If you were a WHL general manager and had a top level prospect drafted in the bantam draft, for his 15 year old year - where would you rather he played? Junior A, Junior B, or Midget AAA. Keep in mind that this is the WHL so those players would most likely be eligible for the leagues in B.C., Alberta, Saskatchewan, and Manitoba - therefore, arguably the better of the Junior A leagues for developing players. Now at the same time, if the player enjoyes playing Junior A, there is also the chance he could snub your team and go play NCAA. Other factors that must of course be taken into account are ice time and coaching level.
Depends on where he's from, to begin with. If he's got a good midget team in his hometown, probably that, since he's going to get the most playing time there. If that isn't the case - or if he's so good that he can get a regular Junior B shift at 15, like guys like Kerr and Gillies are doing in North Delta right now - then Junior B. Don't think he can play full-time in Junior A at 15, so that's not an option - not that it'd be a good idea, anyhow, because of limited ice time and, like you said, the possibility of him getting ideas about getting on the college track.
The most important thing is that they get enough ice time. That being said it depends in which province the player lives.
In BC the Midget programs are traditionally weaker than in the other provinces (generally speaking), so if they can get a regular shift there, Junior B would be the better option. Of course if they are a prospect like Gilbert Brule, Junior A also is an option.
In Alberta the Midget programs are strong, but Junior Bs are more like beer leagues, so they are no options for 15 years old. I think some Minor Hockey Associations in the province (Northwest in Calgary for example) still forbid 15 years old to play Midget. So a guy like Devan Dubnyk was forced to play another year bantam hockey after being drafted by the Blazers. On the other hand a kid like Dan Blackburn played Junior A as a 14 years old in his hometown Canmore and it worked for him (I think his Midget AAA team would have been in Strathmore, a two hours drive away).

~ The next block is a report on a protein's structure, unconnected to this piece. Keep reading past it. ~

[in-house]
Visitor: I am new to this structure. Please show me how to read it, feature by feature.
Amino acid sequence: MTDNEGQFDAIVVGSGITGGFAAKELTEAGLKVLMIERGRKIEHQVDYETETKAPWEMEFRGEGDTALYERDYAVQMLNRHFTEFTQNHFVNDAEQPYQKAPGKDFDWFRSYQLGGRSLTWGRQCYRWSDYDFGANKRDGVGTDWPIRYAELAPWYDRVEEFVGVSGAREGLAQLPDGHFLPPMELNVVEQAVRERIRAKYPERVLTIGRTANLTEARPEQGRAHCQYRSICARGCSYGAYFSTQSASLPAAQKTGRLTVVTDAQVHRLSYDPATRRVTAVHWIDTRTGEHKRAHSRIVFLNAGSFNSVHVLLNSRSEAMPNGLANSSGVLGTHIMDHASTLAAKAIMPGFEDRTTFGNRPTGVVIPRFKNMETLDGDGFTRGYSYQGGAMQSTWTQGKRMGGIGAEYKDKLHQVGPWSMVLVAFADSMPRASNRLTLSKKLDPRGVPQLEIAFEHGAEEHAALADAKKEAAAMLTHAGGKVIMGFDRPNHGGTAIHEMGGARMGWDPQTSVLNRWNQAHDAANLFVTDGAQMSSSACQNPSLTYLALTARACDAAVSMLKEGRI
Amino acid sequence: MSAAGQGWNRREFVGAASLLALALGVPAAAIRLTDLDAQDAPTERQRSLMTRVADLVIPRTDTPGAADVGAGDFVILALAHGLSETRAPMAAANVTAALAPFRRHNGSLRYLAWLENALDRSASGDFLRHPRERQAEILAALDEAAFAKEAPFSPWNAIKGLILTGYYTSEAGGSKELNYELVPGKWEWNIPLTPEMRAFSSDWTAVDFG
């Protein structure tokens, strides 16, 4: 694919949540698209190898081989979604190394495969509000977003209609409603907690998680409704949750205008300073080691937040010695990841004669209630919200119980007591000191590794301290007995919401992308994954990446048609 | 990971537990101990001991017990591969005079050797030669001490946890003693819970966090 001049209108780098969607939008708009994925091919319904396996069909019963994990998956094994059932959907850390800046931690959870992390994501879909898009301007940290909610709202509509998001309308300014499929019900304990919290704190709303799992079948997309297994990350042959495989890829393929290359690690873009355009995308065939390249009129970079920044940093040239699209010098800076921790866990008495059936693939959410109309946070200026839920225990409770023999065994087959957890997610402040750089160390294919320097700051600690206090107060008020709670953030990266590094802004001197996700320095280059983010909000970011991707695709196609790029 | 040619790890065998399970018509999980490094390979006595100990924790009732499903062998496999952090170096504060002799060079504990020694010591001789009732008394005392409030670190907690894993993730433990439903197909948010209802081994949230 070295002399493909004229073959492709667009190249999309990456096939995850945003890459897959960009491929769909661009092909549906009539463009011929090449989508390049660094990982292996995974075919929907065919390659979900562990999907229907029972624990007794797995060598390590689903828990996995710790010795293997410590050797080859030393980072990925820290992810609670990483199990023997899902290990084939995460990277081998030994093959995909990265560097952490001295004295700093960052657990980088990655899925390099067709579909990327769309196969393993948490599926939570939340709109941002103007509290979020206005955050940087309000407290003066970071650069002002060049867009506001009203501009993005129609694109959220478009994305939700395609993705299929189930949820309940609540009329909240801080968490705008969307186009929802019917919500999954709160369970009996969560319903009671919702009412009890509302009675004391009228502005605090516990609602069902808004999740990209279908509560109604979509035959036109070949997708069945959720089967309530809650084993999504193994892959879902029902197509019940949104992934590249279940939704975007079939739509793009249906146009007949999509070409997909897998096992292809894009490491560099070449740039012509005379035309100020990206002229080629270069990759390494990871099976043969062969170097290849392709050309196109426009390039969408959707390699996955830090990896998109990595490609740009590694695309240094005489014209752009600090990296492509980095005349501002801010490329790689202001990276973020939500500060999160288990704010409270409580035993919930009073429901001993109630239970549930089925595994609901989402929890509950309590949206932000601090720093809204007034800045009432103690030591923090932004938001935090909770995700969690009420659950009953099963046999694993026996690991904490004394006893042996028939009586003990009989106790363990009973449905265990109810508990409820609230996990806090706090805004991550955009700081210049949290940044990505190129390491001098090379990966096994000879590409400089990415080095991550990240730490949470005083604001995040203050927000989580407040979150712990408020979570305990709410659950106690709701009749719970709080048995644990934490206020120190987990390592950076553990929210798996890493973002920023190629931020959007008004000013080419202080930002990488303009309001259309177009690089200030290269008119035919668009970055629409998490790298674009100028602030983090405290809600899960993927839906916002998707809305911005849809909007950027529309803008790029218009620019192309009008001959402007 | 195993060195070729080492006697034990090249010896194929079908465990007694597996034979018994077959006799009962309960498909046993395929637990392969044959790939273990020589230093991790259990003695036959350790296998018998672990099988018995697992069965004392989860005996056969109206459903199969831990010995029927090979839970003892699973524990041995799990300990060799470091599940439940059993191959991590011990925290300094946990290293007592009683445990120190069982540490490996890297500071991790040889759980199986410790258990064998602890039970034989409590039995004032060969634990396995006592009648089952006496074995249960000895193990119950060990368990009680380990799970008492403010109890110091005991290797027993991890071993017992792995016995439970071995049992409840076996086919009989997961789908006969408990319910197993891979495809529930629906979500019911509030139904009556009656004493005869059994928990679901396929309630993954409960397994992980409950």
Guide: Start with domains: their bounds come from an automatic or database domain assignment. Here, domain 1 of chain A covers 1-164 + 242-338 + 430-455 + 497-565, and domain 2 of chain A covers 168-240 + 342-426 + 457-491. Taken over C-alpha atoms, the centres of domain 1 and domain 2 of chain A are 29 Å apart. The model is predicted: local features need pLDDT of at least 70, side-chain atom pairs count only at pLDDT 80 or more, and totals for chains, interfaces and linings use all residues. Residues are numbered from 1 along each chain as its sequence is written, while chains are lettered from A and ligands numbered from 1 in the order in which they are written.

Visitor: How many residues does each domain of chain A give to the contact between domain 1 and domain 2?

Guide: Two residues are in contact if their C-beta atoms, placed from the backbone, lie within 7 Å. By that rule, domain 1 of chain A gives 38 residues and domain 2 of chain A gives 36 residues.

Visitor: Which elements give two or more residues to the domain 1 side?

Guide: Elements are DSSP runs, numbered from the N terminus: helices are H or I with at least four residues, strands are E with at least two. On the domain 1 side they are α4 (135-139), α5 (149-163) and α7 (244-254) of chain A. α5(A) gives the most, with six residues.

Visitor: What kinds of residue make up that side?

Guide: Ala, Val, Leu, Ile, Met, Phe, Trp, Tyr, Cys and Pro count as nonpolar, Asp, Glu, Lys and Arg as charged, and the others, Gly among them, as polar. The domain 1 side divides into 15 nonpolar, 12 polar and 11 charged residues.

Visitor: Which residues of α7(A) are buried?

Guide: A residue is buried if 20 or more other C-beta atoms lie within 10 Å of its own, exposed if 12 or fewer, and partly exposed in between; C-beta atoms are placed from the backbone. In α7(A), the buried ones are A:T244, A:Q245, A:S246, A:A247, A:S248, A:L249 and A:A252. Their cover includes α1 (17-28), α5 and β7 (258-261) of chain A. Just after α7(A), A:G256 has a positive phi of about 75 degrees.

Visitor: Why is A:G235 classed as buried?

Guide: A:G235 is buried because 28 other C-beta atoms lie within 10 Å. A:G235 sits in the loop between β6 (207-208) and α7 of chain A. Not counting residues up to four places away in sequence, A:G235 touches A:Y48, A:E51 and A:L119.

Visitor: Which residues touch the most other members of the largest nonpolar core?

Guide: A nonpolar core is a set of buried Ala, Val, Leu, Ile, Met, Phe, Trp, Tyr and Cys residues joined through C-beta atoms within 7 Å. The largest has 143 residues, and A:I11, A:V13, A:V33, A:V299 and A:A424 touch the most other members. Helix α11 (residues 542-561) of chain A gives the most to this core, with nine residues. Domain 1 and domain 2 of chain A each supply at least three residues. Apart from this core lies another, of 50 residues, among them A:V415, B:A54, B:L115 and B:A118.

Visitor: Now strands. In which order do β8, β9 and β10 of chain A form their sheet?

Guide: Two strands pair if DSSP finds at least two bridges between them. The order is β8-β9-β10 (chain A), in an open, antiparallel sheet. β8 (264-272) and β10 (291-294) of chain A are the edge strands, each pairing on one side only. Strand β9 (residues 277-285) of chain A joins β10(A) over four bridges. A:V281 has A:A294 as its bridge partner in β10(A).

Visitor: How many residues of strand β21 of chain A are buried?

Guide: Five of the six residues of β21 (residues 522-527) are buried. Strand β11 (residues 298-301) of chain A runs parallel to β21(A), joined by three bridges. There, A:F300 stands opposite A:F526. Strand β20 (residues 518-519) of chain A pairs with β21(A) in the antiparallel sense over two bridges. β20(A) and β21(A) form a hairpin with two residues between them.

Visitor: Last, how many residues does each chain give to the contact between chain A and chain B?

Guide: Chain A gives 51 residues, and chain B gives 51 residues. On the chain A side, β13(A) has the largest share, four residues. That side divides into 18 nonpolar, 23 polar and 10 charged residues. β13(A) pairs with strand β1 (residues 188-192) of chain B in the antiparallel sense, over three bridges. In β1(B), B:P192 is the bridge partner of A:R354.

Bottom line is it depends on the player and his situation, to decide what is the best option for him.
In BC the Midget programs are traditionally weaker than in the other provinces (generally speaking), so if they can get a regular shift there, Junior B would be the better option.
That's changing a little, though, with the new BC major midget league. It didn't stop the top 15-year-olds at the coast from moving to the PIJHL this year, but if it works out in the long run it should make midget a better option in BC.
In Saskatchewan, we have a great Midget AAA program --- 12 strong programs spread throughout the province. Therefore, the SJHL is often not an avenue that is used by young players mostly because of the ice time which would be available to them. At the same time, this also hurts the league in recruiting the top 18 year old players who traditionally would still struggle to receive the ice time they could very easily get in the AJHL and BCHL. This mostly has to do with the average ages of the leagues (traditional # of 19 and 20 year olds). However, this is not reflective of the level of play. One big influence is the likelihood of a scholarship, where recently (IMO) the SJHL has fallen behind.
As for Manitoba, there is a joke running around Saskatchewan that the MJHL is a glorified beer league itself. The Anavet Cup, presented to the team who wins the series between the two leagues to advance to the Royal Bank Cup, has been presented to an SJHL team 23 out of the last 30 years. Therefore, it cycles down through the other leagues. As a result, many times a 15 or 16 year old player will have been rushed to the MJHL rather than play Midget because of the lower level of play in the league. Not to say there aren't good Midget programs in Manitoba (ie. Winnipeg Wild, Brandon Wheat Kings), but it is just a matter of fact. In the last year or so, the level of play in the MJ, itself, has made progress in national competitiveness. Yet it hasn't reached the point where it's producing a threat to take the Royal Bank Cup year after year.
Therefore, Manitoba is a bit of a juggernaut in that out of all the Western provinces, it is the most difficult to predict where an elite 15 year old player will go. One recent example is of course Jonathan Toews, who went to Shattuck's St. Mary's in Minnesota rather than play in the MMAAAHL or the MJHL. In the opinion of his family and his agent, going to Shattuck's was the best for advancing Jonathan Toews' career. He, of course, snubbed the WHL --- but that's argument for another thread (ie. which is the better option - WHL or NCAA)